FBA upgrades under review
Rebalance sought to improve investment
Plans to amend the Foreign Business Act (FBA) of 1999 have resurfaced after three years of silence, with the Business Development Department vowing Tuesday to improve the law, particularly with regard to a new definition of "foreigner" to tackle the nominee problem.
Kulanee Issadisai, the department's director-general, said the amendment aims to bring the FBA in line with changing economic conditions and strike a balance between protecting Thai investors and promoting foreign investment.
The current FBA limits foreign share- holding to 49% of a business and has three lists of work for which foreign participation may be prohibited or restricted.
Activities in List 1 are designated as "businesses not permitted for foreigners to operate due to special reasons". Foreign companies are completely restricted from engaging in these activities.
Activities in List 2 are designated as "businesses related to national safety or security, or affecting arts and culture, traditional and folk handicraft, or natural resources and environment". Foreign companies may only engage in these activities upon cabinet approval.
Activities in List 3 are designated as "businesses in which Thai nationals are not yet ready to compete with foreigners". Foreign companies must apply for and obtain a foreign business licence before taking part in these activities.
About three years ago, the Commerce Ministry proposed improvements in the FBA to tackle the nominee issue, but attempts were shelved after many groups of foreign companies operating in Thailand came out to oppose the ideas to regulate foreign business ownership. The improvements were meant to keep foreigners from controlling Thai companies.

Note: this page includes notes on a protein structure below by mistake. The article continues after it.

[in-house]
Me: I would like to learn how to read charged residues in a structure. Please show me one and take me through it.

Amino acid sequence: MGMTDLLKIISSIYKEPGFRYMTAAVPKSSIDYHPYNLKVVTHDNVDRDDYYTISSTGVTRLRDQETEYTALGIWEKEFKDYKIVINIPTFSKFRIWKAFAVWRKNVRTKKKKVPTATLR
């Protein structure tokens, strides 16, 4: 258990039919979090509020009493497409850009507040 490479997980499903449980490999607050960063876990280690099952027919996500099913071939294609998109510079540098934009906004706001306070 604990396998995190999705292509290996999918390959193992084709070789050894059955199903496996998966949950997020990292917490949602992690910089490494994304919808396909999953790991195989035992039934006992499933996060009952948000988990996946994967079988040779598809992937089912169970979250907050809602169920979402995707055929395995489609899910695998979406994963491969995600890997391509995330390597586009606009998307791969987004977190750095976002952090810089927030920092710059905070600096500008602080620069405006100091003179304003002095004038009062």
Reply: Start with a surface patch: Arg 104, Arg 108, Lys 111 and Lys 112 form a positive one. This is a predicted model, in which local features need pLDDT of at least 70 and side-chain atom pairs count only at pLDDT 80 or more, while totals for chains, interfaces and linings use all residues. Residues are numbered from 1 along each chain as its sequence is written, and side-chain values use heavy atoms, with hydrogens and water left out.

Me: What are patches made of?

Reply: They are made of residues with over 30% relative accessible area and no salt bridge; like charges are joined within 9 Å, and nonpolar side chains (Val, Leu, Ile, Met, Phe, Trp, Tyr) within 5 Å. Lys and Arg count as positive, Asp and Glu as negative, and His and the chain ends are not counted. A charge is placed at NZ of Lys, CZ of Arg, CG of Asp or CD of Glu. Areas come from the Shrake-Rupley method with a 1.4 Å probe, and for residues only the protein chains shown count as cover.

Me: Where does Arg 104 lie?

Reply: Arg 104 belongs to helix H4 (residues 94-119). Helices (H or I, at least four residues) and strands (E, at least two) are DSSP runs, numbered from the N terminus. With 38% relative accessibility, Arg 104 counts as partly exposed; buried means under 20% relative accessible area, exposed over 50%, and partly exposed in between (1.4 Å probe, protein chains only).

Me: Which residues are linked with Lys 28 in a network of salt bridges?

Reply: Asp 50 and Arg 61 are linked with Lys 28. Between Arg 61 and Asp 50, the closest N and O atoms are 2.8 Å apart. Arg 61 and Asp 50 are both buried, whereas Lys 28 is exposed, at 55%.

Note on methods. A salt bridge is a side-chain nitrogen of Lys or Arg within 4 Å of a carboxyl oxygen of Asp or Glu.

Ms Kulanee said the amendments will take into account the national benefits and security for all dimensions, adding that the study needs to be compared with existing similar laws in the US, Japan, the EU, Asia and neighbouring countries.
FBA amendment is unlikely to affect investment, she said, adding that the effort aims to clarify the definition of "foreign" and careers still reserved for Thai people.
"The new definition of foreigner will also take into account the management control or voting rights," Ms Kulanee said. "The department is studying a new definition for the term 'foreign', and comparing it with similar laws in other countries and the model law from the United Nations Commission for International Trade Law."
She said the department is studying revisions for penalties under the new act, noting that the existing act delivers a relatively serious penalty for petty offences.
In addition, she said the department is considering withdrawing certain service businesses from List 3.
"Plans to amend the FBA are likely to finish in April or May before being submitted to the Commerce Minister for approval," she said. "Once approved by the minister, the proposed amendment will be submitted to the cabinet and the Council of State, and then the National Legislative Assembly."
Kalin Sarasin, chairman of the Thai Chamber of Commerce, said the time is not right to amend any part of the FBA, because most existing foreign businesses in Thailand worry about the nominee rules and definitions for "foreigner".
"Nominees are a sensitive issue that may affect the current investment climate," he said. "Amending the FBA should not be a top priority for the government. Ease of doing business should be the priority when trying to attract foreign investment."
The private sector has also asked the Business Development Department to have discussions with the Thai Chamber of Commerce and foreign chambers of commerce before making further amendments to the FBA.
"Thailand is trying its best to draw foreign direct investment to the Eastern Economic Corridor," Mr Kalin said. "The government should not do anything that makes the investment atmosphere more precarious."